Two Lives (Germany), Director: Georg Maas
U.S. distributor: IFC

zwei-leben ^psterGerman director Georg Maas says some reviews for his Two Lives have been less than favorable, “but in a way that I really like.” Some critics, he says, found the film complicated. But, he explains, because the film is a puzzle, “if you are just occupied with a certain detail, you might miss a piece of information. I don’t see that as a problem. I just say see it a second time.” The film is inspired by real events and follows a former East German spy played by Juliane Köhler, who leads a happy life with her family and mother (Liv Ullmann) in Norway. But with the fall of the Berlin Wall, she is suddenly confronted with her secret Stasi past. Maas’ previous work has included narrative features as well as documentaries, and when his producer pitched him this story, based on a novel by a German journalist, it took three minutes to convince him. That isn’t even a blink of an eye compared to how long it took to bring the project to fruition. Maas tells me, “It was so long that my producer forbid me to say how long.” (It was about 10 years, he will allow.) The writing and funding processes were lengthy because the character at the beginning was not sympathetic enough and German TV didn’t think people would like her. Because the main character “is both victim and perpetrator, the identification process is more complicated than in conventional movies. I think that’s the fun of it,” Maas says. Getting Liv Ullman to sign on as the main character’s Norwegian mother actually helped shake up the story. When the legendary actress received the first script, it was set in 2005 and would have had her play much older, which she balked at. The filmmakers then switched the setting to 1990, which “for the Stasi part of the story is much more interesting,” and Ullman, who could now play her own age, was aboard. “She was very supportive during the shooting and created this whole family with the other actors and that influenced how we see the family on screen now,” Maas gushes. He took Two Lives to Palm Springs last January for its first screening and is going back again this year. Maas has also spent time in Los Angeles recently doing screenings and Q&A rounds and says that even though he was “skeptical” of the Oscar process, because he was unfamiliar, it’s ultimately been “really fun… I can see people are really into the movie.” The Resolution-repped director also made a “water bottle tour” of LA and is reading, with two scripts so far out of about 20 that have intrigued him. But he wants to be careful. “I was working for ten years on Two Lives and for eight years it was not clear the film would ever happen… I had to get independent from this because I heard ‘No’ so often that if I really let this affect me I probably wouldn’t be alive right now.” Instead, he’s hearing a lot of yesses these days. But is “happy in the moment that I’m not totally emotionally dependent on what other people say.” Of the Oscars, he says, “I would be very happy to be on the shortlist and think I would be quite a bit disappointed if we weren’t.” But, he’s looking at the situation with an open mind and says he has a lot of respect for the voting process. “If we are not among the (final) five, I know there will be five stronger films.”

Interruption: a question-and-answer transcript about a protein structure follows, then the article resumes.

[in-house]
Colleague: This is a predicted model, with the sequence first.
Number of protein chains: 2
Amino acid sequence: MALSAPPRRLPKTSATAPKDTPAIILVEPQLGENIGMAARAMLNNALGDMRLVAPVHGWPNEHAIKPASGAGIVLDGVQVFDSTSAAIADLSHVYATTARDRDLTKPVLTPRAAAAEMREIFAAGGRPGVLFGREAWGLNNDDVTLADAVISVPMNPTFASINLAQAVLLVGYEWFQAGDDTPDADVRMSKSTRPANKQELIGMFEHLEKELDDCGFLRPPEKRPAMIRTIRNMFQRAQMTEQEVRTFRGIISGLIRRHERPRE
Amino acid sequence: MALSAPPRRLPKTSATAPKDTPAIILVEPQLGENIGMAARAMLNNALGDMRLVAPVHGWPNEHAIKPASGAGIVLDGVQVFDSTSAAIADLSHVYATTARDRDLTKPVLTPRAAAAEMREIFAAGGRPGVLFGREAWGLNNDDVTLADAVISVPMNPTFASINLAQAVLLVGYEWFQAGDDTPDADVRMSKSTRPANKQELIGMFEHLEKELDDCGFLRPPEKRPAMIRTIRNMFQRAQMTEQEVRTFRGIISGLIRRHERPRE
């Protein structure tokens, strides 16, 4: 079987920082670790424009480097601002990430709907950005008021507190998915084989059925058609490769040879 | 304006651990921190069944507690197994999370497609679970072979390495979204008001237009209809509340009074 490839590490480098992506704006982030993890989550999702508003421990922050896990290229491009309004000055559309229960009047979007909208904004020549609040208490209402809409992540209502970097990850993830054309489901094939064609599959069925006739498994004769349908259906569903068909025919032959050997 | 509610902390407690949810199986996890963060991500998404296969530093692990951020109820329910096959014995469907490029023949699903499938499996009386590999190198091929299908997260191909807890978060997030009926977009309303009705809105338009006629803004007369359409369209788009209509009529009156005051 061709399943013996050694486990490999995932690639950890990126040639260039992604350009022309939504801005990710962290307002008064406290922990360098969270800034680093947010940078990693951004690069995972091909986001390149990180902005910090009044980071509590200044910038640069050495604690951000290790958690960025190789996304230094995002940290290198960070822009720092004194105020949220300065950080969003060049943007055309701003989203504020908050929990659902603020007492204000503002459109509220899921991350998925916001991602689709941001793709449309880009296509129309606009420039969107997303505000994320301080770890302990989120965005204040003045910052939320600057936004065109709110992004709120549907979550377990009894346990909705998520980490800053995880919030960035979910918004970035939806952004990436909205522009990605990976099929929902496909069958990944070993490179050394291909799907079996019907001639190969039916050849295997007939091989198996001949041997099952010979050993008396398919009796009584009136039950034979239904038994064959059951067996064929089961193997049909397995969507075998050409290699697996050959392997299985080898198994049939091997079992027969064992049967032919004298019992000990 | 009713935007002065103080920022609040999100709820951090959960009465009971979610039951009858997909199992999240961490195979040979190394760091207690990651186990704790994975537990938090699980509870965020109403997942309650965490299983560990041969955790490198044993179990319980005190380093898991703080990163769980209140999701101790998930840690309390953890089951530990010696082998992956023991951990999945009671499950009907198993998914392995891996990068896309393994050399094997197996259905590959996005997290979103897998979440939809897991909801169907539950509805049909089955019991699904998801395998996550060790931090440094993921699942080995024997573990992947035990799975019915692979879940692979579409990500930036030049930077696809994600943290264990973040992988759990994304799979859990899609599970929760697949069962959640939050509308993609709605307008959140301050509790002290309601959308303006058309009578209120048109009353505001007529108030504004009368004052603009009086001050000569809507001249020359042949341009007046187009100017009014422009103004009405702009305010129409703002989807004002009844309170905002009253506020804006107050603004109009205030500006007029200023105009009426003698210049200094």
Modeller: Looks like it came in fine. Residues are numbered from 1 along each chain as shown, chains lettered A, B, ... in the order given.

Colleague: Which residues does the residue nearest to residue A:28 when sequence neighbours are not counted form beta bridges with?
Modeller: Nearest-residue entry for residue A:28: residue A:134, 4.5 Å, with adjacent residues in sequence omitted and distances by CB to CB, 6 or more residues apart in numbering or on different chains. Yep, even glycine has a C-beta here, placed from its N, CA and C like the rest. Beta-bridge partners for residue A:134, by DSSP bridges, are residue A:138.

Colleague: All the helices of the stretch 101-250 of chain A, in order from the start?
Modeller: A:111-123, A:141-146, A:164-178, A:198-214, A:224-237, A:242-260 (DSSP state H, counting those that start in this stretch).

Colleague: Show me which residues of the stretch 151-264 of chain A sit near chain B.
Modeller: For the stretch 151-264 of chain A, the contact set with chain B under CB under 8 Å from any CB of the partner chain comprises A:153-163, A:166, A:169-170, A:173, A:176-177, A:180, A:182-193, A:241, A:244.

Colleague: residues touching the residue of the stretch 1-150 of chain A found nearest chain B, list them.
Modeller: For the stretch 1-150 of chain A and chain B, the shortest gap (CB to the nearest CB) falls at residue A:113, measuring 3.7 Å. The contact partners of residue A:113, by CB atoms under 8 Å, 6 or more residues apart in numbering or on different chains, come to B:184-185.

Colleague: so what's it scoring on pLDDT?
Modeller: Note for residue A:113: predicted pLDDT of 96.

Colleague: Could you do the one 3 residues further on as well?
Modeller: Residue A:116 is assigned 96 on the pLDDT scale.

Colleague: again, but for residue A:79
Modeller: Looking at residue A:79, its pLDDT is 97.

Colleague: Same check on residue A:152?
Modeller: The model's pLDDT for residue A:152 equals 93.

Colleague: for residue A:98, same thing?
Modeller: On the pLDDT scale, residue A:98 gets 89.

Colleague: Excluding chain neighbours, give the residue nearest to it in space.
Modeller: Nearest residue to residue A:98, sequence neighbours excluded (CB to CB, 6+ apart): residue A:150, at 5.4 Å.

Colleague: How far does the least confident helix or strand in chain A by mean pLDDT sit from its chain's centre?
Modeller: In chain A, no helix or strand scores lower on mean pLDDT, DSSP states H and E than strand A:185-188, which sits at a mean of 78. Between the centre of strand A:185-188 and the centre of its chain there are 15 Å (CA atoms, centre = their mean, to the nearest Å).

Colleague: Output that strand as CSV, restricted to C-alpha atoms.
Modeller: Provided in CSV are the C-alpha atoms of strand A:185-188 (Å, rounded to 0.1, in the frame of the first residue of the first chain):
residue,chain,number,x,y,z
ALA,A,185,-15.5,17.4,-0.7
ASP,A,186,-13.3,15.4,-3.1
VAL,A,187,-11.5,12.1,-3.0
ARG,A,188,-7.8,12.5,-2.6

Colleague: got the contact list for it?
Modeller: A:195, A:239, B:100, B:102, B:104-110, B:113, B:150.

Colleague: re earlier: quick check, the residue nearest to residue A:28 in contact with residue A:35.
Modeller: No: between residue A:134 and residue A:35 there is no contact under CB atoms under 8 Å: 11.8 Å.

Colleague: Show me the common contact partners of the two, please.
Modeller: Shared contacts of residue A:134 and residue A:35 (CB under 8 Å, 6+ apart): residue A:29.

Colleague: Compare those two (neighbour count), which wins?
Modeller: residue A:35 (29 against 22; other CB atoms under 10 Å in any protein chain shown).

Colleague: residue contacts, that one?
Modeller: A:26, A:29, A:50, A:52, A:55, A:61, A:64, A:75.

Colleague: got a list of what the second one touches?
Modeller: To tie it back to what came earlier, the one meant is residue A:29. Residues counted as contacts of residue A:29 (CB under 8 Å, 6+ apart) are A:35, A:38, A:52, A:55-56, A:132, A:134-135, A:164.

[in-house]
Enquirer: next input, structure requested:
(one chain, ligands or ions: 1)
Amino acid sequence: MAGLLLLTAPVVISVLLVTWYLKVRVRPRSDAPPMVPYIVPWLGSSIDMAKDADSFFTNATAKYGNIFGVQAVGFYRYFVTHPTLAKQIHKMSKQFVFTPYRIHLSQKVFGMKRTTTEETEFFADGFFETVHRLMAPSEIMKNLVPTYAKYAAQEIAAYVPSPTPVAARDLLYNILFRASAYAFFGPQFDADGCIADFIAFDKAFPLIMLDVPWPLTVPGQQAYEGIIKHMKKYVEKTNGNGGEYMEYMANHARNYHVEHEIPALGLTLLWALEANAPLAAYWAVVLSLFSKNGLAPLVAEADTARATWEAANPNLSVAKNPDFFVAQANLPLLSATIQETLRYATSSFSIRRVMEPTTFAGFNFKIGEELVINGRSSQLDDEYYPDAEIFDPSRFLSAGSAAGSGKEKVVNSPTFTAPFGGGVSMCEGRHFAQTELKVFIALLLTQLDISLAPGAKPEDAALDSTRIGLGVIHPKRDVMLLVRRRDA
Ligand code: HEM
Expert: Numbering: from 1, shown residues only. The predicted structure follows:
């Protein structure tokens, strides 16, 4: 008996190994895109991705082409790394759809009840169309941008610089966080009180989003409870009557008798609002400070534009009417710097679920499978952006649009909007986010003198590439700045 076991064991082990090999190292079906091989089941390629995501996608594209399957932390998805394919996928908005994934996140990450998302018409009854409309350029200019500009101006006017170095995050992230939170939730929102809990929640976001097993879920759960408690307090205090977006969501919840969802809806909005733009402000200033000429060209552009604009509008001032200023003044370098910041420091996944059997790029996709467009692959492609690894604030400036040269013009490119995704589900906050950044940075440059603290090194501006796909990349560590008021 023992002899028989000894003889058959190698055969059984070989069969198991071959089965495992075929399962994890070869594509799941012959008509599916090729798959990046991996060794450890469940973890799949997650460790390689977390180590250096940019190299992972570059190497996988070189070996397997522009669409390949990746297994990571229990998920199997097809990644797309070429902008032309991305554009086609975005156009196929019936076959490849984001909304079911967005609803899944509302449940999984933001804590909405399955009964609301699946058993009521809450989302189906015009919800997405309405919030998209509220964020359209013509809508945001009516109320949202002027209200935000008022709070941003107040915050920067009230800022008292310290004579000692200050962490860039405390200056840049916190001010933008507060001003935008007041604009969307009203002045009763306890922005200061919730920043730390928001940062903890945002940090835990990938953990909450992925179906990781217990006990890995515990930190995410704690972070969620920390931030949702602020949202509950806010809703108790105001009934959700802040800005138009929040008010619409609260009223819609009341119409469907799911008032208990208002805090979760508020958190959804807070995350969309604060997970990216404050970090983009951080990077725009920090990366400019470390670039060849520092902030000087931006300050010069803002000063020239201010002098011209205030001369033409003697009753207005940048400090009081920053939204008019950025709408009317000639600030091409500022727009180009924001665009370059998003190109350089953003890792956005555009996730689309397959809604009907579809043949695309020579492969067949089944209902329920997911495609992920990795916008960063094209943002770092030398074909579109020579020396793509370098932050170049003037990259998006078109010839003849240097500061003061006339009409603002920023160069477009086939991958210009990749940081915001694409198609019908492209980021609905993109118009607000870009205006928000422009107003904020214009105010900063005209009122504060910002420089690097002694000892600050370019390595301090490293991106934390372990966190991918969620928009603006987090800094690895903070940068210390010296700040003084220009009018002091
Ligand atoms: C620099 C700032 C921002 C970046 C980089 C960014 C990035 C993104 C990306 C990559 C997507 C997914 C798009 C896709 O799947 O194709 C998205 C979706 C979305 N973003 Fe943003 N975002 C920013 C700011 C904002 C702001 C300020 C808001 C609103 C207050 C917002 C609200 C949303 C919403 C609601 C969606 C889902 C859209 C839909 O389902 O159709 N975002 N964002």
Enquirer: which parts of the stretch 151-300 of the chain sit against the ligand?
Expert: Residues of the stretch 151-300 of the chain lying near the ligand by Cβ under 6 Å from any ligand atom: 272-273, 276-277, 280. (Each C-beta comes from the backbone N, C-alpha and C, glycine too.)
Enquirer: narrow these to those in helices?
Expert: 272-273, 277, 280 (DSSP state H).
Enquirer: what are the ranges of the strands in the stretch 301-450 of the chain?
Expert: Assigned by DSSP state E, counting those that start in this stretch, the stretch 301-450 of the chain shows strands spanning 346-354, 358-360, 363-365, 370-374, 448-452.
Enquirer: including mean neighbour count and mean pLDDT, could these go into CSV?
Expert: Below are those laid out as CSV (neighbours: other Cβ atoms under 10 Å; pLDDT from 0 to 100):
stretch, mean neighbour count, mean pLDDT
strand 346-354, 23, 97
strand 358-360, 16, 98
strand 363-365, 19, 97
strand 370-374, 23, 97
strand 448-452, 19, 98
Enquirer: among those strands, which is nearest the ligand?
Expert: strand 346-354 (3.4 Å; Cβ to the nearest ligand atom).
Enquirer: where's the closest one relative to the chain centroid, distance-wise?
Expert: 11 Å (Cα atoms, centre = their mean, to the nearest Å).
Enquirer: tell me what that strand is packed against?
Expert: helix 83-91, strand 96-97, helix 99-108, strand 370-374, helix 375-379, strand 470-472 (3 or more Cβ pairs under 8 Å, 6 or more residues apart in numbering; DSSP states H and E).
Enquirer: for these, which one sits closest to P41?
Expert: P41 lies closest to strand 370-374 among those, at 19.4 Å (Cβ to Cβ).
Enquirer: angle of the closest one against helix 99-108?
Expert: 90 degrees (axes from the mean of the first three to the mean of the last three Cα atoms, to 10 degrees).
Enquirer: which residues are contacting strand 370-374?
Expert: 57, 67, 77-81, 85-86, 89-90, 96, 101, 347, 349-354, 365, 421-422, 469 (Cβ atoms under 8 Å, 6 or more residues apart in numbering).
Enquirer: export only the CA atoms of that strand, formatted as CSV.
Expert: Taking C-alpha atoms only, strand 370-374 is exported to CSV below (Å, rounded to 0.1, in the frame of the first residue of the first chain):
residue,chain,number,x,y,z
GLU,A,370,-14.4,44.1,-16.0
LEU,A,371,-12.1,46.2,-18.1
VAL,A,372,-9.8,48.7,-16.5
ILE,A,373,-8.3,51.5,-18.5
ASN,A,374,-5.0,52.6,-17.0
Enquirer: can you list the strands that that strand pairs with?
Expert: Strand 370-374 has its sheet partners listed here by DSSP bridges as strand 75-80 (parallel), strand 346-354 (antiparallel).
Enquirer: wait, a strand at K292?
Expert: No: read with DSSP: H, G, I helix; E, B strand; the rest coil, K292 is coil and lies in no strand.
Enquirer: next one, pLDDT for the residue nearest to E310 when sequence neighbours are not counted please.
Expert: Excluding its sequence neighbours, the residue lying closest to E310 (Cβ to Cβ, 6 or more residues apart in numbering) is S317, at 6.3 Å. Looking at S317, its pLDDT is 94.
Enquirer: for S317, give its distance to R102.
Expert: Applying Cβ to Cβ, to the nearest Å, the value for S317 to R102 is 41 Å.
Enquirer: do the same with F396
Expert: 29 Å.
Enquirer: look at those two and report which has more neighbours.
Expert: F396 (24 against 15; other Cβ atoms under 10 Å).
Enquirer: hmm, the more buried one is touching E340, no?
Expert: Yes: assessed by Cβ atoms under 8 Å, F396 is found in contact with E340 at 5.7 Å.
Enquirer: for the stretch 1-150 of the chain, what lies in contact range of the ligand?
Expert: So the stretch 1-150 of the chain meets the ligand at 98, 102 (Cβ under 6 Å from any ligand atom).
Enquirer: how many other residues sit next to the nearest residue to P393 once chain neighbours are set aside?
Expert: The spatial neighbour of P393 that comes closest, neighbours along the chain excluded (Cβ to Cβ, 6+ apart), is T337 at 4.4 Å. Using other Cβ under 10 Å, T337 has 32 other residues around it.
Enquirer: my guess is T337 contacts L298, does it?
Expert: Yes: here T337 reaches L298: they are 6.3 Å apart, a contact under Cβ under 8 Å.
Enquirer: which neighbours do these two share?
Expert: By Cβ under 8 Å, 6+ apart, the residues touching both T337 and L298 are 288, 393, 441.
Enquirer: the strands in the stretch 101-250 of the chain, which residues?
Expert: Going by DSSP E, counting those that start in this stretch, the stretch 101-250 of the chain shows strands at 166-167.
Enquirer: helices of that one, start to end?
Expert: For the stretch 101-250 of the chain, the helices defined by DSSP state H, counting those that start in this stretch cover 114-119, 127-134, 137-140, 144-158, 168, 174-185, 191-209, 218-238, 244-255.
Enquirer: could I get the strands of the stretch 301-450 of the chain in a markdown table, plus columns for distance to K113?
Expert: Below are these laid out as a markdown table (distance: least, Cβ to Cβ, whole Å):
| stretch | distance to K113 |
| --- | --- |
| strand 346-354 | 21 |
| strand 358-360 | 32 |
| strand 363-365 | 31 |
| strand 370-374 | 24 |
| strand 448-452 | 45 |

Wadjda (Saudi Arabia), Director: Haifaa Al Mansour
U.S. distributor: Sony Pictures Classics

WadjdaSaudi Arabian filmmaker Haifaa Al Mansour’s Wadjda boasts a lot of firsts. It’s the first-ever feature shot entirely inside the Kingdom; the first Saudi film made by a female director; and the first movie the Kingdom has ever submitted to the Oscars. When the entry was announced in September, Sultan AI Bazie, head of the Saudi Arabian Society for Culture and Arts, and chairman of the nominating committee, said, “We are very proud of the film as an authentic representation of our country and culture, and are very pleased to see the themes and story of the film resonate with audiences well beyond our borders.” Getting the picture qualified – Academy rules state a film has to have a theatrical screening in its country of origin – was no small feat. Since Saudi Arabia has no movie theaters, the film had to jump through hoops and loads of red tape to even be eligible. In order to do so, screenings were set up in obliging foreign embassies inside Saudi Arabia. Al Mansour’s movie is the story of a young girl who challenges deep-rooted Saudi traditions in a determined quest to buy a bicycle. It’s been a talking point ever since in debuted in Venice in 2012. Not least because of how she had to go about helming the picture. Because Saudi law doesn’t allow women to be seen outside with men who are not their husbands, the director was relegated to sometimes helming via walkie-talkie from inside a van. “It was a major obstacle to go out in the street and talk to my actors,” she said. After Venice, Wadjda played the Telluride, Palm Springs, London, Tribeca and LA Film Festivals among others. Sony Pictures Classics acquired it in September of 2012 and released it a full year later. Co-president Michael Barker tells me that was a purposeful move, “You have to take your time… When you have a foreign language film you know is good but from a relative unknown, you have to take time and screen many times before you open. We wanted the film to have a profile. It’s important that people are aware.” To help that cause, there were early screenings for critics and when the film played in Tribeca, noted feminist Gloria Steinem was on hand as was Jordan’s Queen Noor. Barker calls Al Mansour one of the most “genuine” filmmakers he’s ever worked with. He adds that with foreign films, “the fresher the better… this felt very fresh.” While many are buzzing about Wadjda’s Oscar chances, Barker, who’s been down this road many times, says, “it’s always so unpredictable,” but regardless, even without any Oscar notions, “We would have pursued this film anyway.”

Among the other notables:
The Missing Picture, Cambodia
The Butterfly’s Dream, Turkey
Neighboring Sounds, Brazil
Metro Manila, UK